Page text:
Does community cultural connectedness reduce the influence of area disadvantage on Aboriginal & Torres Strait Islander young peoples’ suicide?
Gibson, M., Stuart, J., Leske, S., Ward, R. & Vidyattama, Y.
Objective: The study aimed to examine associations of community cultural connectedness with Aboriginal and Torres Strait Islander young peoples’ suicide rates in areas with elevated risk factors.
Methods: Age-specific suicide rates (ASSRs) were calculated using suicides recorded by the Queensland Suicide Register (QSR) of Aboriginal and Torres Strait Islander young people (aged 15–24 years) in Queensland from 2001–2015. Rate Ratios (RRs) compared young peoples’ suicide rates in areas with high and low levels of cultural connectedness indicators (cultural social capital and Indigenous language use) within areas with elevated risk factors (high rates of discrimination, low socioeconomic resources, and remoteness).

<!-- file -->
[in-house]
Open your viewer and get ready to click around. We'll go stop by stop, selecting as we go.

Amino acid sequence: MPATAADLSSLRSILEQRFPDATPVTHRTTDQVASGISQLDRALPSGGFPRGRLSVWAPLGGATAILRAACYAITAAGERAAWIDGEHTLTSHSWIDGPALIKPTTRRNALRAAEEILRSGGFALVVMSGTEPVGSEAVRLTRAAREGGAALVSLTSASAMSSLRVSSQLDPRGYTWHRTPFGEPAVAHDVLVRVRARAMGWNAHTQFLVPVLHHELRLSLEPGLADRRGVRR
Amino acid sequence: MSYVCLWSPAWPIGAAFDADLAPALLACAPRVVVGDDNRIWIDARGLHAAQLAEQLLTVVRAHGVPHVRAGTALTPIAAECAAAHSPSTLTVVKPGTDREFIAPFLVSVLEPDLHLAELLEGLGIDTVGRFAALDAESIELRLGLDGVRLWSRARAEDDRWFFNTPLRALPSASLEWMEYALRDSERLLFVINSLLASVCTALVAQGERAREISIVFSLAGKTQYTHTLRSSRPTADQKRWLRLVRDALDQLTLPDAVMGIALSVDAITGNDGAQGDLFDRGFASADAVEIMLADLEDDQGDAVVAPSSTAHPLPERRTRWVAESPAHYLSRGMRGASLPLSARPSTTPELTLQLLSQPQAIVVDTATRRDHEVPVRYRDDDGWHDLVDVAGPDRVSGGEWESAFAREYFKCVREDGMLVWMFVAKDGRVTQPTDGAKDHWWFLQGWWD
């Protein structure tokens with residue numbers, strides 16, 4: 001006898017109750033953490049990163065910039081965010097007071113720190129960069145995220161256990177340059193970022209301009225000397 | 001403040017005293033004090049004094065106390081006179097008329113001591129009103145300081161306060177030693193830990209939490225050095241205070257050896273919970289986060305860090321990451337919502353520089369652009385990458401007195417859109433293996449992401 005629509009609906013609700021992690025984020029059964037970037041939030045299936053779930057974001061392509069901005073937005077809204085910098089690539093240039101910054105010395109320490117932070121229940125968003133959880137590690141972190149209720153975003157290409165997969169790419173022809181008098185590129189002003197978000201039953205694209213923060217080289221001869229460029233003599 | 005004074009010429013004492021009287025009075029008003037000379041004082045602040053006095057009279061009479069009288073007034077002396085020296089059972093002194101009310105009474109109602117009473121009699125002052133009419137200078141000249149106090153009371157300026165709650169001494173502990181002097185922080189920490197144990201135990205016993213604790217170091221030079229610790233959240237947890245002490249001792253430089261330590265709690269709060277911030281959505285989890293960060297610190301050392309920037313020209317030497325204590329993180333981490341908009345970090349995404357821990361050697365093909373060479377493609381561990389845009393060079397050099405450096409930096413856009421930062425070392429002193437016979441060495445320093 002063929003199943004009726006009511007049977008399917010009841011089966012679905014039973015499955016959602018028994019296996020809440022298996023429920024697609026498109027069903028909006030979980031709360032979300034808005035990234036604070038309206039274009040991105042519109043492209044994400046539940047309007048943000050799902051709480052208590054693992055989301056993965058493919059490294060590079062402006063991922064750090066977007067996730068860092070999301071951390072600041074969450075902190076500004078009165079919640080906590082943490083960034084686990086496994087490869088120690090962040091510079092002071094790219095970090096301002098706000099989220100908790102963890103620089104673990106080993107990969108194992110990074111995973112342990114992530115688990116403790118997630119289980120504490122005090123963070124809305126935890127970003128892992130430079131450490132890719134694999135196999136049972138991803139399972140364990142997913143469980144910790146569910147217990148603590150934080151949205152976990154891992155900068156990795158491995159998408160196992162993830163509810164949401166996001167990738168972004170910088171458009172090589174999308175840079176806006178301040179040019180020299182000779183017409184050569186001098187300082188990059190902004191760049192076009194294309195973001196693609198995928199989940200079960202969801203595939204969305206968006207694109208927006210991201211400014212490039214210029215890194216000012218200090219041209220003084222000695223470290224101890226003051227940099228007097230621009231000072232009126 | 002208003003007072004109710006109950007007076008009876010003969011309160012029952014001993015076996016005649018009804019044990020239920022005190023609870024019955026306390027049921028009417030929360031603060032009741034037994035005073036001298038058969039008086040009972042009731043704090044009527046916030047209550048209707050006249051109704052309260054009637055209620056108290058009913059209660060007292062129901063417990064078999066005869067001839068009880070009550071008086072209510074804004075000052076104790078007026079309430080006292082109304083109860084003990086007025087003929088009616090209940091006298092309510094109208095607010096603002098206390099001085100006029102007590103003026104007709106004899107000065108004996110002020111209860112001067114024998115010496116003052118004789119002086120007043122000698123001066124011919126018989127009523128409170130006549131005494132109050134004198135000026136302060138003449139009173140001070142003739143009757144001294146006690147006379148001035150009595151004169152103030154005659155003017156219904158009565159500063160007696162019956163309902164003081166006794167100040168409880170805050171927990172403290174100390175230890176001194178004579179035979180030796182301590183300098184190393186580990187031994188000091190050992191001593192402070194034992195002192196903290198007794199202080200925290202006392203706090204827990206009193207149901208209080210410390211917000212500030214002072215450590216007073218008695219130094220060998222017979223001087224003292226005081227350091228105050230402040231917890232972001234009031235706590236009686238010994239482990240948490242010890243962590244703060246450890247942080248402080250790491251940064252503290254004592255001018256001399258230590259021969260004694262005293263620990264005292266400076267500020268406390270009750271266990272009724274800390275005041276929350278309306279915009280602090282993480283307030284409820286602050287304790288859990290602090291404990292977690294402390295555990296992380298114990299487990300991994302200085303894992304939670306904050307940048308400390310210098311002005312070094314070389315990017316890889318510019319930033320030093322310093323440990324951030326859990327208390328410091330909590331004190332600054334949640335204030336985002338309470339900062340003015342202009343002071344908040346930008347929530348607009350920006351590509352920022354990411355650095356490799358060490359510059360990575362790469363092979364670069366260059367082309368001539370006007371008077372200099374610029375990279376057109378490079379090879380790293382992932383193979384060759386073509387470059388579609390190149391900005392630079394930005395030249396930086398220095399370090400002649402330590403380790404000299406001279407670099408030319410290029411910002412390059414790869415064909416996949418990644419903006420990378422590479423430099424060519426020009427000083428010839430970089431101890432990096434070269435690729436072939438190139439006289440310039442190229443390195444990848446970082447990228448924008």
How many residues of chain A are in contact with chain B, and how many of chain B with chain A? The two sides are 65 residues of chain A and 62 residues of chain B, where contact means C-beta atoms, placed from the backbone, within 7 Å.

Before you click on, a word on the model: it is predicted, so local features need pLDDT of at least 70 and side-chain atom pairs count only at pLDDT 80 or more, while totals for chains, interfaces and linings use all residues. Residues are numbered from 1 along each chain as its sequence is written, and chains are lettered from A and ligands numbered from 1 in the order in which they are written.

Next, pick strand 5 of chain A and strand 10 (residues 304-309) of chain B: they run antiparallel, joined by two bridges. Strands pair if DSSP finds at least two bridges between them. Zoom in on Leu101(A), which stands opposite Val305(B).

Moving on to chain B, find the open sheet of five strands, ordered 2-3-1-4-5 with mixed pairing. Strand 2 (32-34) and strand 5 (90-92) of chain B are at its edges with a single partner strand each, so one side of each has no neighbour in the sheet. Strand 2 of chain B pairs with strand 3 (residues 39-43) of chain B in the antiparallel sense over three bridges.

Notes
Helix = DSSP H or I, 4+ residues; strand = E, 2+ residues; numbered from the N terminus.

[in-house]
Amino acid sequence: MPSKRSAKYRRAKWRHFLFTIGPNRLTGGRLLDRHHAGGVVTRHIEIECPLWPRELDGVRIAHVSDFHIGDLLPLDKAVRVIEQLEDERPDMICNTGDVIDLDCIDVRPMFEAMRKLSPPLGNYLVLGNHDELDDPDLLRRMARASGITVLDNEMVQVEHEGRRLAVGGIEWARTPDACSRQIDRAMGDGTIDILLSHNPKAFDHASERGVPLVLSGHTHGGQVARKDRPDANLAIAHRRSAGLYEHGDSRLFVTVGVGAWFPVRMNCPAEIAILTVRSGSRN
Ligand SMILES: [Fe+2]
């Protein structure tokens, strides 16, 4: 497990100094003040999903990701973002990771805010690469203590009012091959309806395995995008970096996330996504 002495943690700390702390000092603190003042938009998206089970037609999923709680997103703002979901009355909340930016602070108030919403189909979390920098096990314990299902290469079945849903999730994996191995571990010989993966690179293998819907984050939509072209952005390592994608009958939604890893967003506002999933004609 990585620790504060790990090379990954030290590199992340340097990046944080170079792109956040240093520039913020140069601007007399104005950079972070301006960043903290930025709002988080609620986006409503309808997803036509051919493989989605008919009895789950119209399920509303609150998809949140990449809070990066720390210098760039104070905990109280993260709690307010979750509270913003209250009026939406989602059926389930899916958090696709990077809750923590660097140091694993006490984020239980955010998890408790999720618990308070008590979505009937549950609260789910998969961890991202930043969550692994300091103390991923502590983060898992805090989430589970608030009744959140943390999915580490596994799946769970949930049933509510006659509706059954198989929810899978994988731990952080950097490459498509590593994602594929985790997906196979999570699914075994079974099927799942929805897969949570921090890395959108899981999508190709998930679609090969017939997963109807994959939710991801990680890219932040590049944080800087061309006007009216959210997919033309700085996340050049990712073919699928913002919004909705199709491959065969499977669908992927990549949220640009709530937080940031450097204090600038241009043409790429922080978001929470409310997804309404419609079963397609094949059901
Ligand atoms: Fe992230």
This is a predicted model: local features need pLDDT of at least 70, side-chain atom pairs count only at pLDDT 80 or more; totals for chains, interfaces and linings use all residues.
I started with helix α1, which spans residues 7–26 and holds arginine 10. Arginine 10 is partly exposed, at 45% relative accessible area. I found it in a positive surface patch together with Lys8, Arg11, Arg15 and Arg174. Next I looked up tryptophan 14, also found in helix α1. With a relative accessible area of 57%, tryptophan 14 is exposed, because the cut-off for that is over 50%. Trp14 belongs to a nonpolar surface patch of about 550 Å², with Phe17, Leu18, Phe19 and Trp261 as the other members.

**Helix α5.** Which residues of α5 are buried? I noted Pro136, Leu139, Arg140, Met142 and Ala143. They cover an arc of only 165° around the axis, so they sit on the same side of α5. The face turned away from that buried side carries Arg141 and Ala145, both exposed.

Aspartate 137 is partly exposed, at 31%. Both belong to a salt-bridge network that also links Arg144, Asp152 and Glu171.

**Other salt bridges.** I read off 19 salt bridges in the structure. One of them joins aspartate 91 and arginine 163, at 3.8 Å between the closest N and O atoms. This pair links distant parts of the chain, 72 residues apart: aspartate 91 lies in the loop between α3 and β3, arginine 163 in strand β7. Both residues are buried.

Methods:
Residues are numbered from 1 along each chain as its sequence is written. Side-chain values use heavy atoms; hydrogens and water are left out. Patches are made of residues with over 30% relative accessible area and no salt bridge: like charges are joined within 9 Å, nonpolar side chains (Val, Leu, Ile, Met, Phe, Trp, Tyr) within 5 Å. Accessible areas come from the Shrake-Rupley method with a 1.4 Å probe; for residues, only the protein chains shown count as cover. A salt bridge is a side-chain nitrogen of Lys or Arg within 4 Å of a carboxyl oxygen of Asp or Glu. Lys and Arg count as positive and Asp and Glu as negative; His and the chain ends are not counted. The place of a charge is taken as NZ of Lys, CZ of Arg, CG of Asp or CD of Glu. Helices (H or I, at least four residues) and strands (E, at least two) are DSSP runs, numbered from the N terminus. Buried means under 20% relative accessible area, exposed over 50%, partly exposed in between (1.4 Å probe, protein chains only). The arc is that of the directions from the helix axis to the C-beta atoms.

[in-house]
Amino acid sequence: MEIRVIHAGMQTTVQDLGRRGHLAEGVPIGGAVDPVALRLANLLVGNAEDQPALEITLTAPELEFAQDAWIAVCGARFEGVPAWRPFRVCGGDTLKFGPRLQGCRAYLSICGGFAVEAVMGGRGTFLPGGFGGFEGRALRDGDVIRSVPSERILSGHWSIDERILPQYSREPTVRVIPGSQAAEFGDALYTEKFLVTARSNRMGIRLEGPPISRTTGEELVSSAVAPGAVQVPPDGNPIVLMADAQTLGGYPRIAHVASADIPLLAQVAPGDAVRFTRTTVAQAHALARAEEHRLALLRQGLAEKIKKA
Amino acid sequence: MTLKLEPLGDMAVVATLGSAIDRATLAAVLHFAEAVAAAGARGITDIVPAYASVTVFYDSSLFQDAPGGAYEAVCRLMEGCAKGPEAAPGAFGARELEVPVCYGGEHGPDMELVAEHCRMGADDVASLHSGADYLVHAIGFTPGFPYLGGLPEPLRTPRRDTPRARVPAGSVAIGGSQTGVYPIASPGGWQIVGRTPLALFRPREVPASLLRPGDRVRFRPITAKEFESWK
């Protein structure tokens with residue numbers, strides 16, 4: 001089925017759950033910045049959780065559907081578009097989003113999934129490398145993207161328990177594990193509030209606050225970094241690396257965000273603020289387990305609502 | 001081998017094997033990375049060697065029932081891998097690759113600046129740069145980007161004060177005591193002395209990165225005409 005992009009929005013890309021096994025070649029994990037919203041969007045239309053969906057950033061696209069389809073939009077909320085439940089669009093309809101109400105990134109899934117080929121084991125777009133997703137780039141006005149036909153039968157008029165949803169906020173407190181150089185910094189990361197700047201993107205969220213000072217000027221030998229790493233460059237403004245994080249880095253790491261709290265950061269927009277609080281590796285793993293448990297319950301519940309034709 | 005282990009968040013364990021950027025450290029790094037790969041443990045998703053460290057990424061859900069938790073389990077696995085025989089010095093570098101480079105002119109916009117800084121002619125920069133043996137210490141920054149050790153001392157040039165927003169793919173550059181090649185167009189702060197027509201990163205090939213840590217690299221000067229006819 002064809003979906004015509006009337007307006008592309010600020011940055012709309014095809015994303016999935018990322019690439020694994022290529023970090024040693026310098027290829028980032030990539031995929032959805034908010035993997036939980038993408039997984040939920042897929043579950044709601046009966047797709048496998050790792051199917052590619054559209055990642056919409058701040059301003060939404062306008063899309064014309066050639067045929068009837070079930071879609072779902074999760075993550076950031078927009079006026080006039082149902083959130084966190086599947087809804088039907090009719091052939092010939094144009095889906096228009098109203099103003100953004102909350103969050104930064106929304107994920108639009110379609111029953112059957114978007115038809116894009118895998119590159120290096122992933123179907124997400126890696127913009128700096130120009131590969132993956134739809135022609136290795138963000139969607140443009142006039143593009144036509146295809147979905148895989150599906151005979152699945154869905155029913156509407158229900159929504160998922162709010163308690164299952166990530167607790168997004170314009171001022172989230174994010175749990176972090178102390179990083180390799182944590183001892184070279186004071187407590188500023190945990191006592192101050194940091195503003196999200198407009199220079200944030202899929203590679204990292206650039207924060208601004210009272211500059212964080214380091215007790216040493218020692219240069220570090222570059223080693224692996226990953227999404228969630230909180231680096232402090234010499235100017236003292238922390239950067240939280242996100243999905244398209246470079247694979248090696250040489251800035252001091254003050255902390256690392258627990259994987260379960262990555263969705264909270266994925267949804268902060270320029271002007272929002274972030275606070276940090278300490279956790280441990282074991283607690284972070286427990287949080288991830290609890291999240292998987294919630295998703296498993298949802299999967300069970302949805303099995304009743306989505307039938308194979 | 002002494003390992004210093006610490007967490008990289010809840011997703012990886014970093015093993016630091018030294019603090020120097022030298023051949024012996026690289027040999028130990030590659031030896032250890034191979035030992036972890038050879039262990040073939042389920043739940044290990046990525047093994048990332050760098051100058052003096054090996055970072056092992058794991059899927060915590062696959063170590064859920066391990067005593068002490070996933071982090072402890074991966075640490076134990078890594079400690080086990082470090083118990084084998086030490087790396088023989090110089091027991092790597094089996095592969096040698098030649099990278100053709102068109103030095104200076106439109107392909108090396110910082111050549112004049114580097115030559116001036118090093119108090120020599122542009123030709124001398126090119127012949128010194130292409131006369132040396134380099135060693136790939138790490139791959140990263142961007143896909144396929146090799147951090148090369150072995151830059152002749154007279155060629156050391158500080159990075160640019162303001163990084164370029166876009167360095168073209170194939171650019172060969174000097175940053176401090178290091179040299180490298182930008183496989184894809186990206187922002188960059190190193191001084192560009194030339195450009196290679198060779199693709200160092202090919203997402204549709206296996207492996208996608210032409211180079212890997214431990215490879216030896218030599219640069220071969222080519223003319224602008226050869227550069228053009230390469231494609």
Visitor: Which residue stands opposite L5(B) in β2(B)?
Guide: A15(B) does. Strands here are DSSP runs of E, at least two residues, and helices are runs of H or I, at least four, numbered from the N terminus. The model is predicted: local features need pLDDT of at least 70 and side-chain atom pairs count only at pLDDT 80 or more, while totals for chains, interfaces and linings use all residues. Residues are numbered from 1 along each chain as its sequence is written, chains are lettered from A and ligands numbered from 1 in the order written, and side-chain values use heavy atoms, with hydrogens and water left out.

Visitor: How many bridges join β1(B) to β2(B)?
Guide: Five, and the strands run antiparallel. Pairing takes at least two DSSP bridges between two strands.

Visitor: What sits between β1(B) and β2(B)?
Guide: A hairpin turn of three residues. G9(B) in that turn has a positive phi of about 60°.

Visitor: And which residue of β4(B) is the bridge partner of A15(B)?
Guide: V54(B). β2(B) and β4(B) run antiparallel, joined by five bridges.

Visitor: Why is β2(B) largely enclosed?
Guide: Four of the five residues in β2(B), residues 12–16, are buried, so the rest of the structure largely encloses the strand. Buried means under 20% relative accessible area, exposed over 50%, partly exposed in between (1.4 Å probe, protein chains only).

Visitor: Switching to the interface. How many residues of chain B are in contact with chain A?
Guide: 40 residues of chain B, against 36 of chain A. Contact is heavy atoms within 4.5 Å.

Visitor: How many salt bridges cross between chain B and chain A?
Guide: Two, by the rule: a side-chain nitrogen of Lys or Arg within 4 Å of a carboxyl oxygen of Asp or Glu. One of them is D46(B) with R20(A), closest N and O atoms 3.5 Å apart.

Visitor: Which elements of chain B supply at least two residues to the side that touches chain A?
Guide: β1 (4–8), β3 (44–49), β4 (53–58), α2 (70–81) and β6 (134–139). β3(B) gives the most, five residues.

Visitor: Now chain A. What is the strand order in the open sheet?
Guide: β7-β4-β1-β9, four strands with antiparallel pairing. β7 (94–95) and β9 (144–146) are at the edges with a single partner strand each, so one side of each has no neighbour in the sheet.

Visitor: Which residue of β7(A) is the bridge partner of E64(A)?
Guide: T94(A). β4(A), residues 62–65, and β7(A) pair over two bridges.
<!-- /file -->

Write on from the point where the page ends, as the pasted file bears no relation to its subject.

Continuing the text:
Results: Within low socioeconomically resourced areas and where Aboriginal and Torres Strait Islander people experienced more discrimination, greater engagement and involvement with cultural events, ceremonies and organisations was associated with 36% and 47% lower young peoples’ suicide rates respectively (RR=1.57, 95%CI=1.13–2.21, p=<0.01; RR=1.88, 95%CI=1.25–2.89, p=<0.01). Within remote and regional areas, higher levels of community language use was associated with 26% lower suicide rates (RR=1.35, 95%CI=1–1.93, p=0.04), and in communities experiencing more discrimination, language use was associated with 34% lower rates (RR=1.53, 95%CI=1.01–2.37, p=0.04).
Conclusion: Cultural connectedness indicators were associated with lower Aboriginal and Torres Strait Islander young peoples’ suicide rates in communities experiencing the most disadvantage.